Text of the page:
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by Rex Myers, Powell, (c) WY, presented on March 9, 2008

           I’m a walker.  According to Webster, that means I move along on foot, without hesitation, without ceremony, promptly, without deliberation.  No sooner did I look up that definition than I found myself taking issue with it.  A person could take Henry David Thoreau’s perspective from his lecture/article entitled “Walking” where he calls sauntering a sort of crusade.  A true walker is someone at home everywhere in the natural world.  The person who confines herself or himself indoors is really homeless.   As a parent and grandparent, I also see walking as that very unceremonious, hesitant, far from prompt, random movement of a child.  Indeed, some of my most enjoyable walks have been ambling efforts with childlike pauses for beauty and attention to detail.

          But I am ahead of myself.  My topic this morning deals with walking.  Officially, I’ve entitled it “The Walking Ticket.”  A good historian (perhaps I should say a pragmatic one) always prefaces his remarks with a disclaimer.  Here is mine.  I am no expert when it comes to walking.  Physiologically I understand the process in only the most elementary terms.  Personally, I walk more than most; less than some.   I walk to work, downtown every day for mail; my wife and I have a rule – we don’t eat out in Powell unless we walk to the restaurant.  We hike on weekends whenever possible.  So as a walker I’m both participant and observer.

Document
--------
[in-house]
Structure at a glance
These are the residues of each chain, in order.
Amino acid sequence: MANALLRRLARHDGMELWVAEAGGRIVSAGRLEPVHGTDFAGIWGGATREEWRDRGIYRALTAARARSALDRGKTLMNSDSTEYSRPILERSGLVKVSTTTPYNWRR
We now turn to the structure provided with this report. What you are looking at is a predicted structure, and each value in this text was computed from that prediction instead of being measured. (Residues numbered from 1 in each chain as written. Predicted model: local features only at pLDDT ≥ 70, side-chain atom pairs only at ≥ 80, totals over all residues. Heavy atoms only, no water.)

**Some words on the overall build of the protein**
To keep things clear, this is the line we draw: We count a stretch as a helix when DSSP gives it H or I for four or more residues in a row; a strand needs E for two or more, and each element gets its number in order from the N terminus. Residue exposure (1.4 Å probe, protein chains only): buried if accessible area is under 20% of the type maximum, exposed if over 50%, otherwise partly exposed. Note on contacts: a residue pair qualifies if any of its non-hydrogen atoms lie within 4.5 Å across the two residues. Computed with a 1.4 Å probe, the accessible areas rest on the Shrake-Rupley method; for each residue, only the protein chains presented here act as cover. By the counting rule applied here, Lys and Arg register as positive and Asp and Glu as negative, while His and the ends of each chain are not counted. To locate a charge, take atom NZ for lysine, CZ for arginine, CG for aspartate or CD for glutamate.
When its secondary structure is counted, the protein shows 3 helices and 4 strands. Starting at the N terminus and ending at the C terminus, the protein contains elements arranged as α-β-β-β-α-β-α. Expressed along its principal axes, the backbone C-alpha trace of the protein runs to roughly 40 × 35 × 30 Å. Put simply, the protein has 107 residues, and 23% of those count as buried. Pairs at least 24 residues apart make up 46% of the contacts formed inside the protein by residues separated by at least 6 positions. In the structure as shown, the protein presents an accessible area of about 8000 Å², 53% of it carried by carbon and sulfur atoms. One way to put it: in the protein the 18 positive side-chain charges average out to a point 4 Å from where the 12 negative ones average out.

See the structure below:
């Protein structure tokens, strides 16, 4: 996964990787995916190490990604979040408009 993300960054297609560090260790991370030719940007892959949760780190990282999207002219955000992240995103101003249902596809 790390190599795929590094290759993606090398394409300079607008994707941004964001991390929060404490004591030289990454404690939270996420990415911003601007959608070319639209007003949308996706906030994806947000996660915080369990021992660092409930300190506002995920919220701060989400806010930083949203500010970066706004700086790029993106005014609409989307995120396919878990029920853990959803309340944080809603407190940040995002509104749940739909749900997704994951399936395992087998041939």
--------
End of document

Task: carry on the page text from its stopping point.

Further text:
Historically, walking is the oldest means of human transportation; sociologically, it is still the most common, most universal.  Roget’s Thesaurus lists over sixty synonyms for walking, indicative of the breadth of such experience in life.  The variety is interesting.  When you walk you can trudge, strut, toddle, stride, file, amble.  Whatever you do, it is good for you.  Physicians disagree on the benefits of jogging, weight lifting, bicycling, and so on; but they are almost unanimous when it comes to the benefits of walking.